You probably heard the chatter over the past few quarters: “The Great Rotation” was about to unleash a new leg up in Equities. Bonds were going to be sold, equities purchased, and a new leg up was starting.

The story goes something like this: U.S. Treasury Bonds had enjoyed a 30 year bull market, and it was now coming to an end. Paul Volcker rebooted fixed income, taking rates to 20% to break inflation, and in the three decades since bonds have seen their prices inflate as rates normalized, then fell precariously low, then were driven to zero by QE. That cycle is over, we are told, as rates now have nowhere to go but up, and investors will soon become sensible and rotate into equities.

Except, of course, that it hasn’t.

Why? Perhaps we should consider an alternative explanation to the sector rotation story, which is rapidly being revealed as little more than wishful thinking.

The story that is not getting told nearly as much: The investment community noticed the success of Endowment funds (e.g., Yale’s David Swensen). The monkey-see-monkey-do community, ignoring valuations and prior gains, hired new consultants to shake it up. “Make us look like Yale” they pleaded to the mostly worthless community of consultants. No fools they, the overpaid consultants happily complied, and the next thing we know, these Whiffenpoof Wannabes are up to their eyeballs in private equity, hedge funds, structured products, real estate, and commodities/managed futures.

Gee, late-to-the-party investors in illiquid, pricey investments — who ever could have imagined that this was not going work out particularly well.

Time for a change: Fast forward a disastrous decade. As managers and consultants were replaced/fired, the new guys wanted to start unwinding the work of their priors. Since most of these alternative asset classes are illiquid, there is not a lot of wiggle room without severe haircuts (penalties for early withdrawal). What to do.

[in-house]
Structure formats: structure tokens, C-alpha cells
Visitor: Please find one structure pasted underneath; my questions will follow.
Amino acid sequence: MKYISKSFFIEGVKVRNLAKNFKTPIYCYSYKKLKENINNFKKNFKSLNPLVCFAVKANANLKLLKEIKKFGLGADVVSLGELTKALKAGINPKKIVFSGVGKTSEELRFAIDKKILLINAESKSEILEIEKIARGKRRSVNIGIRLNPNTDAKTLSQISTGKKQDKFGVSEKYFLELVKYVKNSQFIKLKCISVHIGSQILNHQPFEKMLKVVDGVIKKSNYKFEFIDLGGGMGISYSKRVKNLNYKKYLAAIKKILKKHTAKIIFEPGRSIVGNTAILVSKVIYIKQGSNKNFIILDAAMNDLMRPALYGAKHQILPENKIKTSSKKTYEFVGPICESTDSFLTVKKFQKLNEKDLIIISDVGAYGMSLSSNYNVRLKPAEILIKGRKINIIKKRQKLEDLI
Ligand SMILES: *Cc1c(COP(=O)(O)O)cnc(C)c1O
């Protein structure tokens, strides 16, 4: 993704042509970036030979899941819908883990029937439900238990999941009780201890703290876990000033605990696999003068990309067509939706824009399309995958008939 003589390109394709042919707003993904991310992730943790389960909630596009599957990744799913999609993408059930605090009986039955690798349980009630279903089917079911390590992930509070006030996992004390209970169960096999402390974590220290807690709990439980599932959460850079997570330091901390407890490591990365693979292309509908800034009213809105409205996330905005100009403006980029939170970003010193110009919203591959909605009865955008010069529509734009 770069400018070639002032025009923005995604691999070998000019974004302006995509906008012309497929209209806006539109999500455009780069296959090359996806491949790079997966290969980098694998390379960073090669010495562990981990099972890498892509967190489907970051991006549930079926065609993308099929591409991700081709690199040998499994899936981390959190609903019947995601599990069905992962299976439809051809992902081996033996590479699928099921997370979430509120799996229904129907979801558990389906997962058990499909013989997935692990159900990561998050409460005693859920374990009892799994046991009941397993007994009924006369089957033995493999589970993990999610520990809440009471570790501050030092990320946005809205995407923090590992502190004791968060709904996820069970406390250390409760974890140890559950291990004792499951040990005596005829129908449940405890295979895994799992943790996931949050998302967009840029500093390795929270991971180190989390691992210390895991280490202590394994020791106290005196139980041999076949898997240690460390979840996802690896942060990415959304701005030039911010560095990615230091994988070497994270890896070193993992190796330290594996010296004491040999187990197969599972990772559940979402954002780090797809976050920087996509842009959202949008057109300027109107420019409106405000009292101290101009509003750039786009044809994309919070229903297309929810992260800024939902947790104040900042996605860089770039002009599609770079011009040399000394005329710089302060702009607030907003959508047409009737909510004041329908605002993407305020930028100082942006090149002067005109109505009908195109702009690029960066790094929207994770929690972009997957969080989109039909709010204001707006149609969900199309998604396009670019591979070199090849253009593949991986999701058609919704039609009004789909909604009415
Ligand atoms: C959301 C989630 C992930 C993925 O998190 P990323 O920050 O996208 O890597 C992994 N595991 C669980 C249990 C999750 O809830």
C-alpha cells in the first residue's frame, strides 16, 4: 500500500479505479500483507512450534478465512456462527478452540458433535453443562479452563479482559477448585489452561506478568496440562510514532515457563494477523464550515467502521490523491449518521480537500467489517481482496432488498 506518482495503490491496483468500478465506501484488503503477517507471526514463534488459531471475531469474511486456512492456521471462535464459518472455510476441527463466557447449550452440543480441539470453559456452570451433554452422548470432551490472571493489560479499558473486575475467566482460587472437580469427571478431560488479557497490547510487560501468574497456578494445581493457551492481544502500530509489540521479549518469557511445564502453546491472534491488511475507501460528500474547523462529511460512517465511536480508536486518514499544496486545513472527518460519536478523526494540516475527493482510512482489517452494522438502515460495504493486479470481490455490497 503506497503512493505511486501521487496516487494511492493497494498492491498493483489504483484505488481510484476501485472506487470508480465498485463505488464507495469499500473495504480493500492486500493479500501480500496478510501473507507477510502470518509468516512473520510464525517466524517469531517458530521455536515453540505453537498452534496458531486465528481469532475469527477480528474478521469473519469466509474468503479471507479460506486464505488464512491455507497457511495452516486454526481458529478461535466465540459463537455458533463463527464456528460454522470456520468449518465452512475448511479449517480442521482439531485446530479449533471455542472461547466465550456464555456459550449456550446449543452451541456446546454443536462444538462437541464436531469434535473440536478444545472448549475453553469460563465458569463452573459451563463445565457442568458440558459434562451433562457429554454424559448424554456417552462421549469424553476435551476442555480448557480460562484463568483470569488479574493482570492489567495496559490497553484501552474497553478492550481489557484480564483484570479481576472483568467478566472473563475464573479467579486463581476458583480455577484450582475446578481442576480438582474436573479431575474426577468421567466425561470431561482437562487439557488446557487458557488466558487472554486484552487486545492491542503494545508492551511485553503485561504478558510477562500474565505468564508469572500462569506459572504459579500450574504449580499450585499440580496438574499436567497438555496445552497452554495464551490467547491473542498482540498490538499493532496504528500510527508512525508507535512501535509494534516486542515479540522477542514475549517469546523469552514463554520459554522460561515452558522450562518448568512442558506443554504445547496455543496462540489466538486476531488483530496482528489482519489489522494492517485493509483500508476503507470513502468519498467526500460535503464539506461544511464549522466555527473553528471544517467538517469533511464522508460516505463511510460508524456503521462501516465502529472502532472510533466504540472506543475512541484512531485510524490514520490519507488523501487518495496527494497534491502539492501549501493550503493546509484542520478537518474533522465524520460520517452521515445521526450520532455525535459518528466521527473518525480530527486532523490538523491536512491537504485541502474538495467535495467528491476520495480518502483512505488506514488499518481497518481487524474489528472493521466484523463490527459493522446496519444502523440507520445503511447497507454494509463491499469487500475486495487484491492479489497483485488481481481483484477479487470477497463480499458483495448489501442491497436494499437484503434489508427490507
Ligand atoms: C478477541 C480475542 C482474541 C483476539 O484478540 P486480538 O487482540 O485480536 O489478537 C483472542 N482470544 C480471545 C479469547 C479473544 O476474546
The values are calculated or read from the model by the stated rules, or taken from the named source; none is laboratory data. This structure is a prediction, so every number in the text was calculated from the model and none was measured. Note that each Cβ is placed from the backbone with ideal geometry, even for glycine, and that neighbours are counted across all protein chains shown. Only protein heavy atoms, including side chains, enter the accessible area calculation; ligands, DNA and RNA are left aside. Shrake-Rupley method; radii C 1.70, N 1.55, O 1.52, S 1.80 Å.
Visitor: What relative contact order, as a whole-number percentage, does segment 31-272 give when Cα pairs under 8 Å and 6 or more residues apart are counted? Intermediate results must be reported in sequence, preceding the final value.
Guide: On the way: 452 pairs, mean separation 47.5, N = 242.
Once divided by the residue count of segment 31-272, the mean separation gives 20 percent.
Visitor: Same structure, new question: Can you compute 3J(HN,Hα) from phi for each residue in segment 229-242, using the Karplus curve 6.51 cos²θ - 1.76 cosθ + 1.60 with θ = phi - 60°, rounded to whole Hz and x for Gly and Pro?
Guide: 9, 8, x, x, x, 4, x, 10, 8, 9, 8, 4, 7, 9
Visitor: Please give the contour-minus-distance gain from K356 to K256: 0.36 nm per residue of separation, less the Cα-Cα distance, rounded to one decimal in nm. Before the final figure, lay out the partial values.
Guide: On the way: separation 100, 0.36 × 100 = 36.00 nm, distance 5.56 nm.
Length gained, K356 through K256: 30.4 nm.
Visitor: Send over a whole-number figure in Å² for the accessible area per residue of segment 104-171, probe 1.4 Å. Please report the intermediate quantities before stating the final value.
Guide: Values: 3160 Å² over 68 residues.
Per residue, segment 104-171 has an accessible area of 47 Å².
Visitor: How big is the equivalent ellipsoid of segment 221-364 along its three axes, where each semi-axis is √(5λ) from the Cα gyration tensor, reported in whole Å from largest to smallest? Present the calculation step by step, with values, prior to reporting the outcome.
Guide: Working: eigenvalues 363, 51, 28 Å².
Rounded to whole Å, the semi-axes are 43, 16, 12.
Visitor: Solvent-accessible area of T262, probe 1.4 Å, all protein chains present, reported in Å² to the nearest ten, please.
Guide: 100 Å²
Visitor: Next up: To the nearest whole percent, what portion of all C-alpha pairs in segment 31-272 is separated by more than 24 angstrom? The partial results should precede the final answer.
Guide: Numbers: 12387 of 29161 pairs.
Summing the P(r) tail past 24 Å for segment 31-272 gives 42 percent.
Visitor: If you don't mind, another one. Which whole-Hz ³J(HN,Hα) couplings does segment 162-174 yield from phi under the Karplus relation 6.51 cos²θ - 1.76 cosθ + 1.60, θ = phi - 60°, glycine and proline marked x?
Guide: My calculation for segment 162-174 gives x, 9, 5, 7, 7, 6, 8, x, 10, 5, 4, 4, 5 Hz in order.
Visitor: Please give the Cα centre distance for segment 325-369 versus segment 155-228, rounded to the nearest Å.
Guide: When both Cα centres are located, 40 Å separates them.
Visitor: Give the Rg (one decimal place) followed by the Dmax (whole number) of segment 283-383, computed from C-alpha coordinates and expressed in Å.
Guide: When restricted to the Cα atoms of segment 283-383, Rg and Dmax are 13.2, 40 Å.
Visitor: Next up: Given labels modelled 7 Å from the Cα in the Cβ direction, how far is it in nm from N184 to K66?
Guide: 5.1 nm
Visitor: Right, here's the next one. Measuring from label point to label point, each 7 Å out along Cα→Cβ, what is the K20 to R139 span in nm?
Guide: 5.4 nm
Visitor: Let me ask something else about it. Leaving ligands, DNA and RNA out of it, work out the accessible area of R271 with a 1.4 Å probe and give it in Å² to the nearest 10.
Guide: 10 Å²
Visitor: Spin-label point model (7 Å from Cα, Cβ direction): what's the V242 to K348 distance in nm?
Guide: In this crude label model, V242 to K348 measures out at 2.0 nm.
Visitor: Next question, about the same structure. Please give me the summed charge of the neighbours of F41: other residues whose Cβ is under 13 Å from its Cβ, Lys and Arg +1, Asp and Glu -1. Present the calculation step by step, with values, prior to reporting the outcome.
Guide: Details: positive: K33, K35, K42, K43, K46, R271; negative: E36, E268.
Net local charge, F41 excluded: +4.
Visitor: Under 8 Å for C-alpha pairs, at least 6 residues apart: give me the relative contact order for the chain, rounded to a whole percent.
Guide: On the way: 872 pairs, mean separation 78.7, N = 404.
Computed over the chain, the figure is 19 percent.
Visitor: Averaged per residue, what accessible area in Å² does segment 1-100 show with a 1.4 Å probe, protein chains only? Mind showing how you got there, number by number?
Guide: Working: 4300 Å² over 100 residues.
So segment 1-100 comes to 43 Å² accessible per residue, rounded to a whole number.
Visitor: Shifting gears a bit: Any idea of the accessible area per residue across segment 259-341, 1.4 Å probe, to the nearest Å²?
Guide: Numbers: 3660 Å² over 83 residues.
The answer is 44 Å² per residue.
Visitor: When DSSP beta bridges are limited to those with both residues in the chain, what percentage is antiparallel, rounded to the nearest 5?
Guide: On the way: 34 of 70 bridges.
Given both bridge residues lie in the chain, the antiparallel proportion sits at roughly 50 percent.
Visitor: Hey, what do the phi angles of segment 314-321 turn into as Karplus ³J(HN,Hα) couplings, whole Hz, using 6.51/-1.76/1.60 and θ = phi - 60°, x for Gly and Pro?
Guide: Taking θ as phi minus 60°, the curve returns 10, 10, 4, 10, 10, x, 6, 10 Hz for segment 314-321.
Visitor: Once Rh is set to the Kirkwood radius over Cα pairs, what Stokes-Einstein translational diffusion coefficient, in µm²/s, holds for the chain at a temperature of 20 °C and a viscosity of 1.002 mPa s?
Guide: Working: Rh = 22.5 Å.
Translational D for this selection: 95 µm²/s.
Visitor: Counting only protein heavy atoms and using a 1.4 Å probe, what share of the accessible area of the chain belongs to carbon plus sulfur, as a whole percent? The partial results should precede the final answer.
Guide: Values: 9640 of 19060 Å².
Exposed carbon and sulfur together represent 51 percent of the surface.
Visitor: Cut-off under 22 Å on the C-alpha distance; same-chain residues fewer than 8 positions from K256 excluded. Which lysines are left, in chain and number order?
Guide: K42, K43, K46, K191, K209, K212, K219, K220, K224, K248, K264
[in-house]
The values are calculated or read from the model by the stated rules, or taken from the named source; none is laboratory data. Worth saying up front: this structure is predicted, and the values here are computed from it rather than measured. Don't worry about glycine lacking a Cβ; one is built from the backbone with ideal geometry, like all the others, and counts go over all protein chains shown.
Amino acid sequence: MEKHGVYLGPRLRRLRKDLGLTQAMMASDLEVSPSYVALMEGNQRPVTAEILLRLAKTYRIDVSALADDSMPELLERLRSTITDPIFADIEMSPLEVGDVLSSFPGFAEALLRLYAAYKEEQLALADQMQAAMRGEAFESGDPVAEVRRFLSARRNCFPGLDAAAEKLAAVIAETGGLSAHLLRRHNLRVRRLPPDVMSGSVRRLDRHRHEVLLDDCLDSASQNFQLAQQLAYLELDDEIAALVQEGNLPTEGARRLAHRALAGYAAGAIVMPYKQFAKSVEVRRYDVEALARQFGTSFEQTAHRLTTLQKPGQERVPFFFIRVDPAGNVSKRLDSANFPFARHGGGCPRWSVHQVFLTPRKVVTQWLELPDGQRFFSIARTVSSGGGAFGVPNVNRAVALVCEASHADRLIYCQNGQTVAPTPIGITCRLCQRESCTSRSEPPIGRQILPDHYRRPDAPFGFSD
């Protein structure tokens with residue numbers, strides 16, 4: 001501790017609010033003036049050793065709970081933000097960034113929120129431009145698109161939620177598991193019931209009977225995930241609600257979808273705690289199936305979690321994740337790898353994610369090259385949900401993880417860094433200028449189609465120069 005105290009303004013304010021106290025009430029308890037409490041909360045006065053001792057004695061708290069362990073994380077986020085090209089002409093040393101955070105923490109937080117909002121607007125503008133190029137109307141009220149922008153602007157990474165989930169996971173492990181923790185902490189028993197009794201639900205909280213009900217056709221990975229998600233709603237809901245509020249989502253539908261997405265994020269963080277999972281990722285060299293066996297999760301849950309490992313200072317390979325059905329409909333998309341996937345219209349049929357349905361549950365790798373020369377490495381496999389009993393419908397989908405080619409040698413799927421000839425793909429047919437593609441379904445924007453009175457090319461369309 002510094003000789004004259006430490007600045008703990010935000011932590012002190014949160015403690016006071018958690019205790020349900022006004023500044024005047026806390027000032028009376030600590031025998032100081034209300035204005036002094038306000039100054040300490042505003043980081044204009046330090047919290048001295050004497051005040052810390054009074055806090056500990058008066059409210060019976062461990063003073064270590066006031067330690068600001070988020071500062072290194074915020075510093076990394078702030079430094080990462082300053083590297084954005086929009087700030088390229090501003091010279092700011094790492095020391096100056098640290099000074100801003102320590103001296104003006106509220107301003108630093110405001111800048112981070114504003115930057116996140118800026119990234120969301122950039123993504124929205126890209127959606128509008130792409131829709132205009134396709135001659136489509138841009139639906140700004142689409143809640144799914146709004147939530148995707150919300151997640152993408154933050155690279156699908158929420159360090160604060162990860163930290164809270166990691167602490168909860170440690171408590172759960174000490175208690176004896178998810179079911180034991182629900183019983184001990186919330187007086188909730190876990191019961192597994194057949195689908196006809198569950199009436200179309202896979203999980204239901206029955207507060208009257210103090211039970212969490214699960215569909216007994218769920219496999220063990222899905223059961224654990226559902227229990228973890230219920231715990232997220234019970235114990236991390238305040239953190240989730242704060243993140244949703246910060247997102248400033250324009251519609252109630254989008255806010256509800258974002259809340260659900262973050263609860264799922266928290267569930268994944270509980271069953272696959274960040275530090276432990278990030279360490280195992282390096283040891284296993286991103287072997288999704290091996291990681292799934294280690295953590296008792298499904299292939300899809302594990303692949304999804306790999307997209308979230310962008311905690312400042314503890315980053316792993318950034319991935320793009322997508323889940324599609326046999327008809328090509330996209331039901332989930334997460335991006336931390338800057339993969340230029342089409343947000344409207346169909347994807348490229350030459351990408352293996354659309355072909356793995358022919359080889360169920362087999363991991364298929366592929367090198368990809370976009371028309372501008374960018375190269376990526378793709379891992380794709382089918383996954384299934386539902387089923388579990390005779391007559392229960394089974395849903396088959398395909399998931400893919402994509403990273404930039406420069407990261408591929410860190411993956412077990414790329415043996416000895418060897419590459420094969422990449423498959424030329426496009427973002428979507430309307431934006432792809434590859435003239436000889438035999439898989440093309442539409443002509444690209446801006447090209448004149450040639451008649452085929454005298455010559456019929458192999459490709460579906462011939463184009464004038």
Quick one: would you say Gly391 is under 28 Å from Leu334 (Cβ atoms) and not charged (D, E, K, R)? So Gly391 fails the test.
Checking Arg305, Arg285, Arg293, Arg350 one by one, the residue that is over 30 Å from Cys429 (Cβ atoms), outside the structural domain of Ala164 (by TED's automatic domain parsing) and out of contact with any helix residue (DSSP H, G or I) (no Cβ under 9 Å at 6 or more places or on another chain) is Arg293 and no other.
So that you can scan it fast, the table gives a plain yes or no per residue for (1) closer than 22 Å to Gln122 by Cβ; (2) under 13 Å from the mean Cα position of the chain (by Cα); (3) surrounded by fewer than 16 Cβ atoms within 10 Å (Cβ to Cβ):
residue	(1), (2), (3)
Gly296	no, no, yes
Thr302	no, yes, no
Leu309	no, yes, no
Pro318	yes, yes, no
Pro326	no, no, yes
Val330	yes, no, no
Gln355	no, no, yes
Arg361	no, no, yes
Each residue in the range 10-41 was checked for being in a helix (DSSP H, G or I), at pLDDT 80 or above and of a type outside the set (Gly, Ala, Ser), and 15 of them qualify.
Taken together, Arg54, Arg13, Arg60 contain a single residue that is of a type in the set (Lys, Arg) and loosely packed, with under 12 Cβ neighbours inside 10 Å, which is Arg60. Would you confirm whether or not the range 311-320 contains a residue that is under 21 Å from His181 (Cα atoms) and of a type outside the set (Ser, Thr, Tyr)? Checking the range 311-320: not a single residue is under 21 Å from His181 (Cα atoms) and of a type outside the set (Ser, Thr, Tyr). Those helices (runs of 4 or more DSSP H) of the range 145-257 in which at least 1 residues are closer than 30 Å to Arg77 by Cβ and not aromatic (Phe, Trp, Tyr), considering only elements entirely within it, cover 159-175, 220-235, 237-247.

One of the few that is not are the Commodities/Managed futures bucket. My guess, based on prices and logic, is that these new managers are selling what they can — and that is commodities.

What do the charts (after jump) say?

Gold and Silver flat for 2 years. Energy for even longer. Agricultural products back to 2010 prices. Industrial metals near 2010 lows.

Commodities started the 2000s so promising — what with rampant inflation and the dollar losing 41% of its value, have since gone nowhere. So the new guys are sellers, and the money is going into less esoteric, liquid assets.

That means traditional assets: Munis, Treasuries and Corporates for the safe money, stocks for their risk assets.

The great rotation is already underway. Just not the way the stock bulls have been hoping for.

 

 

 

 

Agricultural Prices

 

Energy Products

 

Industrial metals

 

Precious metals

 

 

 

Category: Asset Allocation, Commodities, Fixed Income/Interest Rates, Investing, Markets, Sentiment

Please use the comments to demonstrate your own ignorance, unfamiliarity with empirical data and lack of respect for scientific knowledge. Be sure to create straw men and argue against things I have neither said nor implied. If you could repeat previously discredited memes or steer the conversation into irrelevant, off topic discussions, it would be appreciated. Lastly, kindly forgo all civility in your discourse . . . you are, after all, anonymous.